Panama does not have a formal military, but they do divide up their police force into: national security and border patrol, traffic enforcement and public safety. Guns are legal but tightly controlled, with very strict licensing requirements for both the gun and the ammunition. The national police are heavily armed and very visible, but seldom interact with citizens. After eight years here, my only interaction has been with traffic police at regular yet random traffic stops along various roads, and all of those experiences have been positive ones, even the two times I was asked to get out of my car and show my identification. They have very little interest in messing with foreigners.

Many North Americans arrive here and sense this security presence as threatening, instilling fear or apprehension. Really, security like this is widespread throughout Latin America and in much of Asia. You will also see virtually every house with security bars on the windows and doors. Mostly this is a holdover from a few decades ago when Panama was not a very safe country. In the 1970s, Panama was run by a dictator, and with a corrupt police force, so having security bars was a good idea. Panamanian people work hard for the things they have and want to protect them, so if your house has security bars, there is little chance you will ever be robbed. Also, the climate here encourages open windows. The temperature seldom goes below 24° C (75° F) or above 30° C (86° F) so leaving your windows open all day and all night for the breezes is a great idea. Security bars allow you to do that.

There are often checkpoints on the highways, where you have to stop and show your ID to pass through. This is again about prevention, and is a way to help control immigration and drug trafficking problems in Panama. Looking at the actual stats on, you will see that Panama ranks 64th on the list of counties with crimes per capita (Crimes per 1000), while the USA ranks 22nd and Canada 10th, meaning it is much safer than its North American counterparts. If you look at robberies stats, Panama ranks 59th, the United States 18th, and Canada 28th. If you are concerned about the crime in Panama, please get off social media, where the negative is always posted, and the positive is seldom seen, and use official research stat collecting sites.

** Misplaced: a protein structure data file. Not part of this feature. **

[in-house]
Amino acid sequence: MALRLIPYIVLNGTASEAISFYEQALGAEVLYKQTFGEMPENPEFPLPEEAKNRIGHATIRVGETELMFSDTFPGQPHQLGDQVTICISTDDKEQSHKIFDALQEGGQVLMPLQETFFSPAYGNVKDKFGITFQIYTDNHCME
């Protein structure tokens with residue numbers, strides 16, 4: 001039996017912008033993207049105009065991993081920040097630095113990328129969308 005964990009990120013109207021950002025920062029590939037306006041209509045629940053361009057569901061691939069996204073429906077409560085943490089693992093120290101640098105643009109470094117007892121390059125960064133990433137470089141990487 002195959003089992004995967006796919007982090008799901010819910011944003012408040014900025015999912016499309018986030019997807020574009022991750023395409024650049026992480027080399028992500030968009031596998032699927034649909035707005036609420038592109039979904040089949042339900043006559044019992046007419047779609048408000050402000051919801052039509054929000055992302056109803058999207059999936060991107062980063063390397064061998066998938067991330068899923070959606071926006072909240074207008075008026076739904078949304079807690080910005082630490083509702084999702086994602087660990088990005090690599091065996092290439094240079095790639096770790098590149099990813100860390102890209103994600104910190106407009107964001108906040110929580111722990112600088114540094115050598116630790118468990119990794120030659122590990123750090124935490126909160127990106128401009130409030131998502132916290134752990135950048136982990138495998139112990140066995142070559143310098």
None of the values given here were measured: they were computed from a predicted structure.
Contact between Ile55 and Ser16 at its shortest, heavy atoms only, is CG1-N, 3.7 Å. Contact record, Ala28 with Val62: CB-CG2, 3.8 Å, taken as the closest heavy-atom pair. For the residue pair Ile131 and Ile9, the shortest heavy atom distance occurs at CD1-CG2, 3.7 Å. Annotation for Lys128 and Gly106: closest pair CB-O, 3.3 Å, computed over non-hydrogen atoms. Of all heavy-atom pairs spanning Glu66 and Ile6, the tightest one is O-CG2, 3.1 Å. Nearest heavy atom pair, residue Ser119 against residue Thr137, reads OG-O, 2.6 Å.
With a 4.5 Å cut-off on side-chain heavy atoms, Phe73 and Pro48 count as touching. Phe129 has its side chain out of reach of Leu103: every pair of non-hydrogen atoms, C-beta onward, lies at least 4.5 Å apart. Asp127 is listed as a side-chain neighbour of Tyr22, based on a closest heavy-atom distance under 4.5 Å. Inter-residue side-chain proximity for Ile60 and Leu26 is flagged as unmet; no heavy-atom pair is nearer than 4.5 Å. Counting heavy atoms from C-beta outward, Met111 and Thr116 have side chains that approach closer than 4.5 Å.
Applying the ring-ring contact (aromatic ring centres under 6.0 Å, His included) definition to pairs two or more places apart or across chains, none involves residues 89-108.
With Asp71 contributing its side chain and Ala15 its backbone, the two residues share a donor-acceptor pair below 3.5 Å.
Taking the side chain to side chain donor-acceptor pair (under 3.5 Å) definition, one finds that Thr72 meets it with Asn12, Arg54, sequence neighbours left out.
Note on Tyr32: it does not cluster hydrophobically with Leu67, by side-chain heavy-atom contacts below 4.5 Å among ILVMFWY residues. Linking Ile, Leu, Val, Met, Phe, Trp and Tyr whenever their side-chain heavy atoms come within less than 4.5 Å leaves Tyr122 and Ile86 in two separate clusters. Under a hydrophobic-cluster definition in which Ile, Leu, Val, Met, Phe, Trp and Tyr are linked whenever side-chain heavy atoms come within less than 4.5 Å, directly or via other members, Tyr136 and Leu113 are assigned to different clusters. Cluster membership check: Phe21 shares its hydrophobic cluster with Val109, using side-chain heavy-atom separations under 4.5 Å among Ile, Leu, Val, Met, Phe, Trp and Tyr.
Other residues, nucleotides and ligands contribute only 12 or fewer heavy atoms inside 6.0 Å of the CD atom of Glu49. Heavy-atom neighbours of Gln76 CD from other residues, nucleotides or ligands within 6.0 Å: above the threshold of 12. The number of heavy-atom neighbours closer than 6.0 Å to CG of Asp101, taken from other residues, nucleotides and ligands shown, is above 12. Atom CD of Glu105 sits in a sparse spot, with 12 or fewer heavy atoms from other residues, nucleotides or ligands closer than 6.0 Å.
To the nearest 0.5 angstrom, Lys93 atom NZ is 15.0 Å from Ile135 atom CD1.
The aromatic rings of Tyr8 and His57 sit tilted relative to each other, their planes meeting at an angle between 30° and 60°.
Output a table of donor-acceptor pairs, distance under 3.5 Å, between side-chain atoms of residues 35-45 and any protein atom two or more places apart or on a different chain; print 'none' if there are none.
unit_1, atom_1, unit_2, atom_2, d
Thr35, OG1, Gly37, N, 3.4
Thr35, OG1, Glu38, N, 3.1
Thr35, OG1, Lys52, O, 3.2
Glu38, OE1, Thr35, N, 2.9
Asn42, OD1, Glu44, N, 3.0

Regarding drugs, alcohol is much less controlled here than in the US, but the rules about drunk driving are just as strict, or even more so. Marijuana is still illegal, as are most other street style drugs, but many medicines that need a prescription in the US can be purchased over the counter here. Illegal drug use is MUCH less common here that in the US. Yes, the same options can be found, perhaps even more easily than in the US, but the serious consequences of getting caught using them are a significant deterrent. From what I hear, you do NOT want to end up in a Panamanian jail!

Embracing the Differences

These examples are from my experiences, and may be quite different from those of an Expat who has chosen to live in an Expat focused community. From the start, my goal was to live within the Panamanian community, which is very welcoming to foreigners who are seeking to belong. But there are also many Expats who live very nicely and comfortably in communities where most of their interaction is with other foreigners, who come here from all over the world. The only way to know if Panama is right for you is to do your research, and come for a few extended visits. Sign up for which is a website dedicated to supporting Expats and Tourists in Panama. There are also many a very active Facebook groups ... just start digging around and find what works for you!